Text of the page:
conspire

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con·spire

 (kən-spīr′)
v. con·spired, con·spir·ing, con·spires
v.intr.
1. To plan together secretly to commit an illegal or wrongful act or accomplish a legal purpose through illegal action.
2. To join or act together; combine: "Semisweet chocolate, cocoa powder, espresso, Cognac, and vanilla all conspire to intensify [the cake's] flavor" (Sally Schneider).
v.tr.
To plan or plot secretly.

[Middle English conspiren, from Old French, from Latin cōnspīrāre : com-, com- + spīrāre, to breathe.]

con·spir′er n.
con·spir′ing·ly adv.

conspire

(kənˈspaɪə)
vb
1. to plan or agree on (a crime or harmful act) together in secret
2. (intr) to act together towards some end as if by design: the elements conspired to spoil our picnic.
[C14: from Old French conspirer, from Latin conspīrāre to plot together, literally: to breathe together, from spīrāre to breathe]
conˈspirer n

con•spire

(kənˈspaɪər)

v. -spired, -spir•ing. v.i.
1. to agree together, esp. secretly, to do something wrong, evil, or illegal.
2. to act or work together toward the same goal.
v.t.
3. to contrive; plot.
[1325–75; < Latin conspīrāre to act in harmony, conspire]

conspire


Past participle: conspired
Gerund: conspiring

Imperative
conspire
conspire
Present
I conspire
you conspire
he/she/it conspires
we conspire
you conspire
they conspire
Preterite
I conspired
you conspired
he/she/it conspired
we conspired
you conspired
they conspired
Present Continuous
I am conspiring
you are conspiring
he/she/it is conspiring
we are conspiring
you are conspiring
they are conspiring
Present Perfect
I have conspired
you have conspired
he/she/it has conspired
we have conspired
you have conspired
they have conspired
Past Continuous
I was conspiring
you were conspiring
he/she/it was conspiring
we were conspiring
you were conspiring
they were conspiring
Past Perfect
I had conspired
you had conspired
he/she/it had conspired
we had conspired
you had conspired
they had conspired
Future
I will conspire
you will conspire
he/she/it will conspire
we will conspire
you will conspire
they will conspire
Future Perfect
I will have conspired
you will have conspired
he/she/it will have conspired
we will have conspired
you will have conspired
they will have conspired
Future Continuous
I will be conspiring
you will be conspiring
he/she/it will be conspiring
we will be conspiring
you will be conspiring
they will be conspiring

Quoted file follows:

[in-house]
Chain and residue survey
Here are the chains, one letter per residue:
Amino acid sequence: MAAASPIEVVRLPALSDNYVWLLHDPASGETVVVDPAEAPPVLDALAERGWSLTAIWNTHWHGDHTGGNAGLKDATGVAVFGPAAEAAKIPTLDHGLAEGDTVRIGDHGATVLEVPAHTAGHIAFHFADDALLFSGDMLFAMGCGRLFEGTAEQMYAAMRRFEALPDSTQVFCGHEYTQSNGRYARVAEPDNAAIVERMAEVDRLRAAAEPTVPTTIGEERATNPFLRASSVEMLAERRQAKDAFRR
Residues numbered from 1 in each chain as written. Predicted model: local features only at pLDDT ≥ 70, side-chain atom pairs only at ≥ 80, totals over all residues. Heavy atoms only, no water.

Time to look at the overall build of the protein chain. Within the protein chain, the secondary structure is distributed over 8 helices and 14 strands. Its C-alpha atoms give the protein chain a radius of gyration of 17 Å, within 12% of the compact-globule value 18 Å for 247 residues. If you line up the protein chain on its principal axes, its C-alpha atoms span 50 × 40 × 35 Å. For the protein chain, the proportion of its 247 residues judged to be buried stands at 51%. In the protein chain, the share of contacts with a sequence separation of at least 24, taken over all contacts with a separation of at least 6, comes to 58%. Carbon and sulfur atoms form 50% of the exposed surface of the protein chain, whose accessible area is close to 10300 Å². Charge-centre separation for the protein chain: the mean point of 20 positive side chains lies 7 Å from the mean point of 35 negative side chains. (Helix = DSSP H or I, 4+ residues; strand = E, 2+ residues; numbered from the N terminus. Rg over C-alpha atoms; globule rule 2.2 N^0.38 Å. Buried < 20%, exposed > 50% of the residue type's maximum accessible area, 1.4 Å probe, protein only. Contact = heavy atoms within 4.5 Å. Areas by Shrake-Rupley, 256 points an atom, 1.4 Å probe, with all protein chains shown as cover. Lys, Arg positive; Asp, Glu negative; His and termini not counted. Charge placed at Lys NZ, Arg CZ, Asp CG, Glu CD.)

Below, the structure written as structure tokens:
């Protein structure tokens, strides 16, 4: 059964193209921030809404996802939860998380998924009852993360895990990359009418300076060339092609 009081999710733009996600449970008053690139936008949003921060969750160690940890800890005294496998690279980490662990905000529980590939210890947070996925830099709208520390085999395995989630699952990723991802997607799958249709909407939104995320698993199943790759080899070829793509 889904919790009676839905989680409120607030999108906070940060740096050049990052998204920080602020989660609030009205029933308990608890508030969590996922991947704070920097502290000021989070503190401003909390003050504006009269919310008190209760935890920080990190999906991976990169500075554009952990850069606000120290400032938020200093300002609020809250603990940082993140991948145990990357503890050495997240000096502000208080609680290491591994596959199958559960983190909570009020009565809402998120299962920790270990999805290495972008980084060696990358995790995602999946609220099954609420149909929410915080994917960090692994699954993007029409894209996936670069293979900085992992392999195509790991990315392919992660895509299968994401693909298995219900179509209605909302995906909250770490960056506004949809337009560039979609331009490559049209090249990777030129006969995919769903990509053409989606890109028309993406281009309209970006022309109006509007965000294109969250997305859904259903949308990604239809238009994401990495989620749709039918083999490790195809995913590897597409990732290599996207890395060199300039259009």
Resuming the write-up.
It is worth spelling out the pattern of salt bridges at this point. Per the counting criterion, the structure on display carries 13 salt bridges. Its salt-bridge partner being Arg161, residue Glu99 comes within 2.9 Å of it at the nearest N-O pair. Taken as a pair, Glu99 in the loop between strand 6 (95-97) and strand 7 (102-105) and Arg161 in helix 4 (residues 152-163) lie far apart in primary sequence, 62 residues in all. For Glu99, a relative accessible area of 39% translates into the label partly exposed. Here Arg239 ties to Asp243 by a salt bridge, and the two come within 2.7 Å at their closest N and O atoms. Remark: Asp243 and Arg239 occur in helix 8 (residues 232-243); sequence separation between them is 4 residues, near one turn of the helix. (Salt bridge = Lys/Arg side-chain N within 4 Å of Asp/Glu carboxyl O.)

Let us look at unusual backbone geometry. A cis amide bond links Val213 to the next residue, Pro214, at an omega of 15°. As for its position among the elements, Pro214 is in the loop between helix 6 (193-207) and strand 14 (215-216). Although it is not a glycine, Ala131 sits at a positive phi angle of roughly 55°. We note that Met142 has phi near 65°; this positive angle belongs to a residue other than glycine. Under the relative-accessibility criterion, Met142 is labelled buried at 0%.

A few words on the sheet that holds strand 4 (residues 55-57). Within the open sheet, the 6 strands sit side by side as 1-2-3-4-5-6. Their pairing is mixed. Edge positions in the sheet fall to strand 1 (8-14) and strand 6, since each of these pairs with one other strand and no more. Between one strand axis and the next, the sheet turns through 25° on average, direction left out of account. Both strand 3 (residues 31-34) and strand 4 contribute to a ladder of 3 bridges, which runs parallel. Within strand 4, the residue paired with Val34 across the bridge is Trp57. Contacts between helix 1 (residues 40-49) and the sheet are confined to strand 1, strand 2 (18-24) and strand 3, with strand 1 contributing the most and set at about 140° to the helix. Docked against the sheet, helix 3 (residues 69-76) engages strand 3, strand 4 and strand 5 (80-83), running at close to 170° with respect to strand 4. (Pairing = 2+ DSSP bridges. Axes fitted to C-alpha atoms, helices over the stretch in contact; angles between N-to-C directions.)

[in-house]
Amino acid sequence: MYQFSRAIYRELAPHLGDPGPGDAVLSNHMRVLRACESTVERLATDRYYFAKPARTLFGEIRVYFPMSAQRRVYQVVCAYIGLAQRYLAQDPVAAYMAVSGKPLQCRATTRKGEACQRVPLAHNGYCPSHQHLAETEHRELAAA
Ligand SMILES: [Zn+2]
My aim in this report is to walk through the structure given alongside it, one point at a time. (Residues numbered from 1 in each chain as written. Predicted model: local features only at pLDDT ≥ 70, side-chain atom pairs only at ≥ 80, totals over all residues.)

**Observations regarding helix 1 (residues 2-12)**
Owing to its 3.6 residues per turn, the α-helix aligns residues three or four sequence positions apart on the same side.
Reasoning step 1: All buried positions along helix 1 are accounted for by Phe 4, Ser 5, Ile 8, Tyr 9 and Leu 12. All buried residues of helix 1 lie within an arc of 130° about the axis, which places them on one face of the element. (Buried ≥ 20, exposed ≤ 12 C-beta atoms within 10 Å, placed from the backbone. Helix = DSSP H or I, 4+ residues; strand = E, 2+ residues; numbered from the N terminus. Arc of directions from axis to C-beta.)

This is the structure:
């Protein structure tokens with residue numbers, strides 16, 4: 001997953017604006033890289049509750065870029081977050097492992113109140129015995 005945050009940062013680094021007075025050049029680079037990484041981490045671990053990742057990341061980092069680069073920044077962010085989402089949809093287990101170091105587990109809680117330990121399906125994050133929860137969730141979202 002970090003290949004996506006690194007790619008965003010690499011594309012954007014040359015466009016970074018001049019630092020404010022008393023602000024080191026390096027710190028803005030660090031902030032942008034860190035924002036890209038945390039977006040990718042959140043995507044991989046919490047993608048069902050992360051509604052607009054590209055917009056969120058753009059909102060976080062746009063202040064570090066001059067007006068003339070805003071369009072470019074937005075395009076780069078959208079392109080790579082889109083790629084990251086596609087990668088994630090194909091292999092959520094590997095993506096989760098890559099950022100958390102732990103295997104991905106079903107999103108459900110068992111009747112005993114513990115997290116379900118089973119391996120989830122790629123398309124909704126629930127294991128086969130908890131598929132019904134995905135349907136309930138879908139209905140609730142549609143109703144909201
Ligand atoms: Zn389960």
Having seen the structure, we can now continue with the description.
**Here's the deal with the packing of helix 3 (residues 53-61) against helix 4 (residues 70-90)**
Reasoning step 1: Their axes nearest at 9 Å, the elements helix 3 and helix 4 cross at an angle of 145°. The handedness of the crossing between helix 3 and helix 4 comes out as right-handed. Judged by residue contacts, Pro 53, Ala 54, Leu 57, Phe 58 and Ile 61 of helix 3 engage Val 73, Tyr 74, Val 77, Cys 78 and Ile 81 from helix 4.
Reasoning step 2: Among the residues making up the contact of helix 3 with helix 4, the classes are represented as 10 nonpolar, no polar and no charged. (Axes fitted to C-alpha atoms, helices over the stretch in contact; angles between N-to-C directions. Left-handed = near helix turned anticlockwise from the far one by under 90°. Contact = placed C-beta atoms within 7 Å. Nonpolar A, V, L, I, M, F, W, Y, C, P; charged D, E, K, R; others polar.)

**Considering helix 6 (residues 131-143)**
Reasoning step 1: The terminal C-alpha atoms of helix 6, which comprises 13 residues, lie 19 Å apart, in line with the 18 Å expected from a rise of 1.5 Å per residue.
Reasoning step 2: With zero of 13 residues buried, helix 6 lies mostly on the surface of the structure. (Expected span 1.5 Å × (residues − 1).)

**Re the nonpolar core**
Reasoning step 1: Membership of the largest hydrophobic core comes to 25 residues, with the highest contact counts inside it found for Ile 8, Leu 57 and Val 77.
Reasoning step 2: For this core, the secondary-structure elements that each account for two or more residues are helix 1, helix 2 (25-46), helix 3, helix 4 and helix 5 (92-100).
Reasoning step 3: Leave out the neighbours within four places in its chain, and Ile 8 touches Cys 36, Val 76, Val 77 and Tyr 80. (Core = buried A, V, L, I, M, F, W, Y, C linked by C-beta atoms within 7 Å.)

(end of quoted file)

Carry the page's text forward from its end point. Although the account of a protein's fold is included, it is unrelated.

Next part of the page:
Present Perfect Continuous
I have been conspiring
you have been conspiring
he/she/it has been conspiring
we have been conspiring
you have been conspiring
they have been conspiring
Future Perfect Continuous
I will have been conspiring
you will have been conspiring
he/she/it will have been conspiring
we will have been conspiring
you will have been conspiring
they will have been conspiring
Past Perfect Continuous
I had been conspiring
you had been conspiring
he/she/it had been conspiring
we had been conspiring
you had been conspiring
they had been conspiring
Conditional
I would conspire
you would conspire
he/she/it would conspire
we would conspire
you would conspire
they would conspire
Past Conditional
I would have conspired
you would have conspired
he/she/it would have conspired
we would have conspired
you would have conspired
they would have conspired
ThesaurusAntonymsRelated WordsSynonymsLegend:
Verb1.conspire - engage in plotting or enter into a conspiracy, swear together; "They conspired to overthrow the government"
coconspire - conspire together; "The two men coconspired to cover up the Federal investigation"
plot - plan secretly, usually something illegal; "They plotted the overthrow of the government"
2.conspire - act in unison or agreement and in secret towards a deceitful or illegal purpose; "The two companies conspired to cause the value of the stock to fall"
interact - act together or towards others or with others; "He should interact more with his colleagues"

conspire

verb
1. plot, scheme, intrigue, devise, manoeuvre, contrive, machinate, plan, hatch treason I had a persecution complex and thought people were conspiring against me.
2. work together, combine, contribute, cooperate, concur, tend, conduce History and geography have conspired to bring Greece to a moment of decision.

conspire